Ferndale resident bids farewell to Southern Humboldt hospital and heads home after 19 months hospitalized

From the May 11, 2017 print edition

By Ken McCanless

Enterprise contributor

After an amazing medical odyssey through various hospitals in the Bay Area and Humboldt County that left him struggling to recall two to three months of his life, and stationed in multiple facilities for a total of 19 months and ten days, 33-year Ferndale resident Tom Eastman, 73, has returned home.

Most recently, in the sixth facility that he visited — Jerold Phelps Hospital in Garberville — Eastman walked out seven months to the day after he arrived, and as he told The Enterprise through tears, he was glad to be back in Ferndale.

Self-sufficient now, walking with the aid of a cane at his home with his wife Maura and daughter Amy, Eastman said to “put down that in a month or two I’ll be out there driving around and going down for breakfast to Poppa Joe’s.”

Courtesy photo
Ferndale’s Tom Eastman walking out of Garberville’s Jerold Phelps hospital.

Eastman told The Enterprise, in recounting his multiple brushes with death and the months of arduous rehabilitation that followed, that “my emotions are shot; it’s similar to PTSD with what I’ve been through—almost like coming back from a war.”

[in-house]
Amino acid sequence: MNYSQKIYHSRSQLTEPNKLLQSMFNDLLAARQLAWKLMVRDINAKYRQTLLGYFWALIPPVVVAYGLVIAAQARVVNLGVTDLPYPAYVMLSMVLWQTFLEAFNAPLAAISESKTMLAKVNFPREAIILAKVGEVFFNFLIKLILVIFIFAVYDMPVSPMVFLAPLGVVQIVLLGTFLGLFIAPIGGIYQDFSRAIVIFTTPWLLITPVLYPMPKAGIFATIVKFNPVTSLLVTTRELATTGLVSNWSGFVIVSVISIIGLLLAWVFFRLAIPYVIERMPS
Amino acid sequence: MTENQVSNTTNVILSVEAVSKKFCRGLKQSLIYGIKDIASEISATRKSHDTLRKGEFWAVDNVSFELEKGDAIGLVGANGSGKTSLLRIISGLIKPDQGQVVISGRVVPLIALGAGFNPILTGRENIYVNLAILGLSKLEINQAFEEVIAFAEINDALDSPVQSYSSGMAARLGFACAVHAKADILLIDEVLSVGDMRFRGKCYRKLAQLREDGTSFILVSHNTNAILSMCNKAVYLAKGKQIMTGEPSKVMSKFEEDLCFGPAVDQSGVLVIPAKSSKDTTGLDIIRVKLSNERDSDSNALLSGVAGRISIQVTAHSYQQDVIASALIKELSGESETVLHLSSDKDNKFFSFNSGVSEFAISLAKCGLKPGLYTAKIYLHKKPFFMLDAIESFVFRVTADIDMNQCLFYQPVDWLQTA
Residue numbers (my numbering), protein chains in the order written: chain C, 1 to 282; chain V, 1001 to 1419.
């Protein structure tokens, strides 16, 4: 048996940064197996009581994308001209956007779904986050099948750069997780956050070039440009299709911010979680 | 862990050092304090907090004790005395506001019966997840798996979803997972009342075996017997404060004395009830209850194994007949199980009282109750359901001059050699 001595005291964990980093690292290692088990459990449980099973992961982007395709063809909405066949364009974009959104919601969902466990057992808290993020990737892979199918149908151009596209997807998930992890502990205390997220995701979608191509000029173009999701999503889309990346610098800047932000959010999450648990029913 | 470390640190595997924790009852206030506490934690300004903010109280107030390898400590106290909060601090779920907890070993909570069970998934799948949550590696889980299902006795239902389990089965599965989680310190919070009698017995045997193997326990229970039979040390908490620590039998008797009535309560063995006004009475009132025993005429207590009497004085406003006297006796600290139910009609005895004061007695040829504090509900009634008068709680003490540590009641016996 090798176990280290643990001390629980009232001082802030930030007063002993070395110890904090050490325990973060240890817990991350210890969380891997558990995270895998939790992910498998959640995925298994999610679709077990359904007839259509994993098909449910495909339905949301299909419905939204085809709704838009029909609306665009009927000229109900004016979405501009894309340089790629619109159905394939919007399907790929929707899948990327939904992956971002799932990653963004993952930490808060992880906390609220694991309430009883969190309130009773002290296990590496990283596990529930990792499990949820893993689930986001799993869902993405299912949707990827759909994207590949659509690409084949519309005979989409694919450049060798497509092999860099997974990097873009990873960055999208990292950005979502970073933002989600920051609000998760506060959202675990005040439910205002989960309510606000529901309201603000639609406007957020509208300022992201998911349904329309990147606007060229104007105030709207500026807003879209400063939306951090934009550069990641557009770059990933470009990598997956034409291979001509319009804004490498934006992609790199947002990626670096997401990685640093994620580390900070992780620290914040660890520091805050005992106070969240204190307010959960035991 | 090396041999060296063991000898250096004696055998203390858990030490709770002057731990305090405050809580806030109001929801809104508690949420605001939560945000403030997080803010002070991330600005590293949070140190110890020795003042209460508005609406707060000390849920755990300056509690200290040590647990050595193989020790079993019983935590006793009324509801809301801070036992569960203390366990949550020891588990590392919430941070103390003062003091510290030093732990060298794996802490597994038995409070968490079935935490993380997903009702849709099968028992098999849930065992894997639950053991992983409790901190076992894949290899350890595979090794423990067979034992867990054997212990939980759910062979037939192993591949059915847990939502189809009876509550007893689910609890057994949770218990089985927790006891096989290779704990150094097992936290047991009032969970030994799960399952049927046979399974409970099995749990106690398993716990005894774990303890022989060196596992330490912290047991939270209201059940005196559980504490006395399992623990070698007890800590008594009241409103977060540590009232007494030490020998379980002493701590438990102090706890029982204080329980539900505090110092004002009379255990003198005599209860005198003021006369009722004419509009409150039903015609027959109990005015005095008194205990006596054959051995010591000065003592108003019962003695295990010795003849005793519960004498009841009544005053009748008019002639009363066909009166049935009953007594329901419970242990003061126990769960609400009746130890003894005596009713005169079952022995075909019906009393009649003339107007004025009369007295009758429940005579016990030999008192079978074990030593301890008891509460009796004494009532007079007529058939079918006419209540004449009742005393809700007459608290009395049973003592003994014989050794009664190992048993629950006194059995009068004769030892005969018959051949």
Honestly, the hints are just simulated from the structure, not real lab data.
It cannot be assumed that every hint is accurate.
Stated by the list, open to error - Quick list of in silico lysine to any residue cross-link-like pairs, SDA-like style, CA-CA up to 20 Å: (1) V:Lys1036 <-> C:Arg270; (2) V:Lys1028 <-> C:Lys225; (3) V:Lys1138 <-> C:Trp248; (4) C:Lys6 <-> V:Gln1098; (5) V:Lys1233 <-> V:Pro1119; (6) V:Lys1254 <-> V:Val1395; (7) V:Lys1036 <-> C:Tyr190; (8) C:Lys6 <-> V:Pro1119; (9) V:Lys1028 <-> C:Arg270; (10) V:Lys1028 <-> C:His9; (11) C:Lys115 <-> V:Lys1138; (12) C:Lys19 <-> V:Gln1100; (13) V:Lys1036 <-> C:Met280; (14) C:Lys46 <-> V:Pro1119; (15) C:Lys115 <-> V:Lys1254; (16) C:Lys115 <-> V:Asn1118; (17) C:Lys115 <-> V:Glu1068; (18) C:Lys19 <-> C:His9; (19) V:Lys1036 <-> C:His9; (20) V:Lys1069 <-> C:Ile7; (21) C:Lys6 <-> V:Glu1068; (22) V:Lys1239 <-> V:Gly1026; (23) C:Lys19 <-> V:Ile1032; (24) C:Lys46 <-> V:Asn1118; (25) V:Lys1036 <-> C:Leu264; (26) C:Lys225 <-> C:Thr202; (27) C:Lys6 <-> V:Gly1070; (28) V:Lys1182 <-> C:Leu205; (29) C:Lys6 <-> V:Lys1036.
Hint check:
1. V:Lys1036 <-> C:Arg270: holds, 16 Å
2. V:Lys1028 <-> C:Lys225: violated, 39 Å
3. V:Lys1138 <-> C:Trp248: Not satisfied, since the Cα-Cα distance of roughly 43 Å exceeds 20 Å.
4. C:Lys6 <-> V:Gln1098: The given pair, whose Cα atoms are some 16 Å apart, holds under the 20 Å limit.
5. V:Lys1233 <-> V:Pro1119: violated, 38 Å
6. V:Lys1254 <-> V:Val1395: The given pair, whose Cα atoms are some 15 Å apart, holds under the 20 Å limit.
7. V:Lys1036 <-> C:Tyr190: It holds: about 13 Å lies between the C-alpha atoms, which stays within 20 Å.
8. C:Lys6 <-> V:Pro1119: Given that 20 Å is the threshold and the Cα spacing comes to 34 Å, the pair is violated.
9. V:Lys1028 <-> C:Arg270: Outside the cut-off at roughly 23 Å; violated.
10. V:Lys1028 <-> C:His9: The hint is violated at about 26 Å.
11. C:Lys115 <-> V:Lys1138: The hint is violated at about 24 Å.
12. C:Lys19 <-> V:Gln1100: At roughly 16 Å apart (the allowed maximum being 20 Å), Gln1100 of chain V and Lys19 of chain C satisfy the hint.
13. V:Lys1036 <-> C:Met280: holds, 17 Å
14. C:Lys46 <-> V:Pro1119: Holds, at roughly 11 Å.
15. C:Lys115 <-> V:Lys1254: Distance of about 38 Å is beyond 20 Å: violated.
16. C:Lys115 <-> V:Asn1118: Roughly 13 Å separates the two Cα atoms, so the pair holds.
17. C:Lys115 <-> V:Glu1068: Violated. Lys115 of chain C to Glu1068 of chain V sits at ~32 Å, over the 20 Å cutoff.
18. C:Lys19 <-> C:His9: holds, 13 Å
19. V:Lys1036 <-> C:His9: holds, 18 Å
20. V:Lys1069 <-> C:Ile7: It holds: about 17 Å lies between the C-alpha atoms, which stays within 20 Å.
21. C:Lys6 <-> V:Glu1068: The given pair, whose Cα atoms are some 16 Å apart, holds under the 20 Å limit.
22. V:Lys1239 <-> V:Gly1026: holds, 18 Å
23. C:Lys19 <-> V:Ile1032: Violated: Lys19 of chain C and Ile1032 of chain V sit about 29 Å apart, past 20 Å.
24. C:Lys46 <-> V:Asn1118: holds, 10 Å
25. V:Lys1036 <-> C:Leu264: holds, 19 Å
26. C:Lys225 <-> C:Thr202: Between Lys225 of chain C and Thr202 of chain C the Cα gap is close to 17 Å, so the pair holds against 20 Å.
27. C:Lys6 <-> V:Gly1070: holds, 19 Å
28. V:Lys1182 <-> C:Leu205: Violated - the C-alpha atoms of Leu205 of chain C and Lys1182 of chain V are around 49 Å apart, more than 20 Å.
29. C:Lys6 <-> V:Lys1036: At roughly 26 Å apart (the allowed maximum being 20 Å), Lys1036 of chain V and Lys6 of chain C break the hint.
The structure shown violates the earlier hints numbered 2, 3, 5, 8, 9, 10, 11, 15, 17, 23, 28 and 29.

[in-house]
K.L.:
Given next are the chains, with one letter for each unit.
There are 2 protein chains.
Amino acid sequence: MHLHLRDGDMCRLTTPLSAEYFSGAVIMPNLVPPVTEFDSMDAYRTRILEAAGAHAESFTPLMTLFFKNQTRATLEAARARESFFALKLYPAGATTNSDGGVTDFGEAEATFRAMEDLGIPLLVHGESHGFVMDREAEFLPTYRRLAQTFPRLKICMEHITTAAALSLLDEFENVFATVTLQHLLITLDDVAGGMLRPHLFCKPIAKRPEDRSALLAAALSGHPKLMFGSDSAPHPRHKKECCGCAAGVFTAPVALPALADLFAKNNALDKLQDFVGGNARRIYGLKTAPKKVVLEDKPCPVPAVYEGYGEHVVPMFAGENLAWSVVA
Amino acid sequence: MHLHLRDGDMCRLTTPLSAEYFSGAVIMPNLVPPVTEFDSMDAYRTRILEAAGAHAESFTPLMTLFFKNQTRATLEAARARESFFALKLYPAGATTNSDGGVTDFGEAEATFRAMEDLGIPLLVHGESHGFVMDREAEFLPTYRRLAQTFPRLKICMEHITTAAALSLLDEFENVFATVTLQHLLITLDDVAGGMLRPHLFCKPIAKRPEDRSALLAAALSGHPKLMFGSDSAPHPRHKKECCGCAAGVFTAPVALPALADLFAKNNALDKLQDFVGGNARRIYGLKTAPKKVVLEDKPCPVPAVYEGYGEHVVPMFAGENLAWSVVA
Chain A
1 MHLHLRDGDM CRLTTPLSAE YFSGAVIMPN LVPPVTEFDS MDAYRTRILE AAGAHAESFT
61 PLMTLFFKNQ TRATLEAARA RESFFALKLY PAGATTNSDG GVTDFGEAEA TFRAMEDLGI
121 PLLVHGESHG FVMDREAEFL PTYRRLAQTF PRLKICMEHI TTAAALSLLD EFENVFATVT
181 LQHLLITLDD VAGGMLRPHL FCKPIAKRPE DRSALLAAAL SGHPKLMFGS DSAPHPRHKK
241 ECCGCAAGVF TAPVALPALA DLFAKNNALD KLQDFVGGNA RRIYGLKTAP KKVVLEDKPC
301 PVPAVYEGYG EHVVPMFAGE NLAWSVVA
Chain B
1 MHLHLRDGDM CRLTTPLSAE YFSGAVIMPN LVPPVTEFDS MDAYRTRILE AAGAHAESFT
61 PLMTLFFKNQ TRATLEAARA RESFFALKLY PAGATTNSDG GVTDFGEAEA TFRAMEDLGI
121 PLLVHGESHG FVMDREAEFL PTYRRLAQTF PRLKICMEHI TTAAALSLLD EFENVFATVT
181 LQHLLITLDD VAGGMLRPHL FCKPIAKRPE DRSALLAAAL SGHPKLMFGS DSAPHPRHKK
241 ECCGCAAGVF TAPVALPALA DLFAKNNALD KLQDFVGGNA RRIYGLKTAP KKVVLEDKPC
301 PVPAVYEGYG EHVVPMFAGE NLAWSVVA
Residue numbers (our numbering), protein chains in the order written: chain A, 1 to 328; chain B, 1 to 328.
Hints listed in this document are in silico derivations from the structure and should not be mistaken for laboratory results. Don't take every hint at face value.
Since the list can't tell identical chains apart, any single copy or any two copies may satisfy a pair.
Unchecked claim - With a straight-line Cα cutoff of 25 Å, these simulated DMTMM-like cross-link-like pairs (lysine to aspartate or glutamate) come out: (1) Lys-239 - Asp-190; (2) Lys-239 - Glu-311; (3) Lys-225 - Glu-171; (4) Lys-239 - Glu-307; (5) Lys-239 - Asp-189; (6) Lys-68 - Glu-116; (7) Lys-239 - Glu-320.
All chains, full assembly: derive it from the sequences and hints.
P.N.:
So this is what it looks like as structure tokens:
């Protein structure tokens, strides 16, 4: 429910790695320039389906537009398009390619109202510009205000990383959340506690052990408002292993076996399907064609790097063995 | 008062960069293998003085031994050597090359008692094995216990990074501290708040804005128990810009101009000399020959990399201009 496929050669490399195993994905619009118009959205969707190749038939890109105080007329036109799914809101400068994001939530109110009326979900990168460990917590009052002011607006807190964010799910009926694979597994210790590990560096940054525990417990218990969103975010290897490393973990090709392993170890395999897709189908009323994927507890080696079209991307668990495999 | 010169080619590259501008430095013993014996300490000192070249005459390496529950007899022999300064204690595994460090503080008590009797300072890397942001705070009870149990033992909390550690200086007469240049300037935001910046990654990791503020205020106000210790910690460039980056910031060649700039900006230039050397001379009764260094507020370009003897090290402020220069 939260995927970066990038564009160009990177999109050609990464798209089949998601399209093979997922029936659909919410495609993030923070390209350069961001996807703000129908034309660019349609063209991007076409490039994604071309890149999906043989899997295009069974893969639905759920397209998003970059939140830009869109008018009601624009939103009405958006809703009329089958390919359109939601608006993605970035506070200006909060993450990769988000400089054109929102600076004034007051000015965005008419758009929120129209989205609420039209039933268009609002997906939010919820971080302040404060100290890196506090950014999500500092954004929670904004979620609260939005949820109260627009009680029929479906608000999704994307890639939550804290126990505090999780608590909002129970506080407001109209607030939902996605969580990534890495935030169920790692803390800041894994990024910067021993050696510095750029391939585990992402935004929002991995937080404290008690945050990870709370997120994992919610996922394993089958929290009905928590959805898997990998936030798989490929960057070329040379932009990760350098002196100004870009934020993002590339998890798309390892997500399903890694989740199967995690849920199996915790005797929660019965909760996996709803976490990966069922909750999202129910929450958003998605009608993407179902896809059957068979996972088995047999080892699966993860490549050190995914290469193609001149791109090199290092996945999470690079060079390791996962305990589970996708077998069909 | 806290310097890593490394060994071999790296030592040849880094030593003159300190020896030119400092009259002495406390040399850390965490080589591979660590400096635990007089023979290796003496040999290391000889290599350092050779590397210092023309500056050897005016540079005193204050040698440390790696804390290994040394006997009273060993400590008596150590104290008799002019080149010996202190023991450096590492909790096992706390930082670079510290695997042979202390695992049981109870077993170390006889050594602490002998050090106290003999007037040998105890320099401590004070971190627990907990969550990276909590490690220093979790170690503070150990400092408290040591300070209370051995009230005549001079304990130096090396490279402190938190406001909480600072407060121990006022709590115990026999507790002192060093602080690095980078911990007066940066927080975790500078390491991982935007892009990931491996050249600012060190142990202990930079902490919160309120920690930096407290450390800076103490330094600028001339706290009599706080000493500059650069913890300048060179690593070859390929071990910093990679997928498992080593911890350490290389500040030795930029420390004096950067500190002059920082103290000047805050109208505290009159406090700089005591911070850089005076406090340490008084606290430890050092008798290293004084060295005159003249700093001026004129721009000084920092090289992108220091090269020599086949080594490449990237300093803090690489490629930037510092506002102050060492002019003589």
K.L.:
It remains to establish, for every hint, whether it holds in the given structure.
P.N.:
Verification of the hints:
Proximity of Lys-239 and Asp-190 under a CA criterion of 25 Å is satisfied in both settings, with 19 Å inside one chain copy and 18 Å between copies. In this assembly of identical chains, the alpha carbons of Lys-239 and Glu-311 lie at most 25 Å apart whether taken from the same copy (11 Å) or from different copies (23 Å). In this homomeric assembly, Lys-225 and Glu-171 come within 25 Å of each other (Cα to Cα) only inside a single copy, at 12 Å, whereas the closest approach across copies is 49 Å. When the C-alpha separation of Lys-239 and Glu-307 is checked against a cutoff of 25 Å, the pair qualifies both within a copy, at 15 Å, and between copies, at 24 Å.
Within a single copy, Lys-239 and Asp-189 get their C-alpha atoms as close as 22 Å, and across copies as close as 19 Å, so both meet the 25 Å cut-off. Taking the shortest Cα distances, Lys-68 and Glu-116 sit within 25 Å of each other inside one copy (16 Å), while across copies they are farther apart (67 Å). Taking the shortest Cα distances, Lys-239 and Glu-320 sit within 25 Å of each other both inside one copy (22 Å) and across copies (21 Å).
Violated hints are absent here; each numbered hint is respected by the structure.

Eastman’s medical journey began one night in September of 2015 when he lost all strength while sitting in his chair and the Ferndale Fire Department had an ambulance take him to the emergency room at Redwood Memorial Hospital with a diagnosis of sepsis, blood poisoning, with cause unknown. He was then sent to St. Joseph’s Hospital in Eureka where they had a bed for him, and he stayed there approximately a month and a half. He endured a tracheotomy, which he called horrible, and which caused him to be flown down to Kentfield SNF, where he nearly died of a twisted bowel. Unsatisfied with his care there, Eastman’s wife checked around and found California Pacific Medical Center in San Francisco, which is part of the Sutter health group. Eastman was transferred there to intensive care and stabilized temporarily, but again nearly met his end, with the hospital telling his wife and daughter that he may not make it. Eastman said that he remembered nothing of the several-month experience from admission to Redwood Memorial to California Pacific.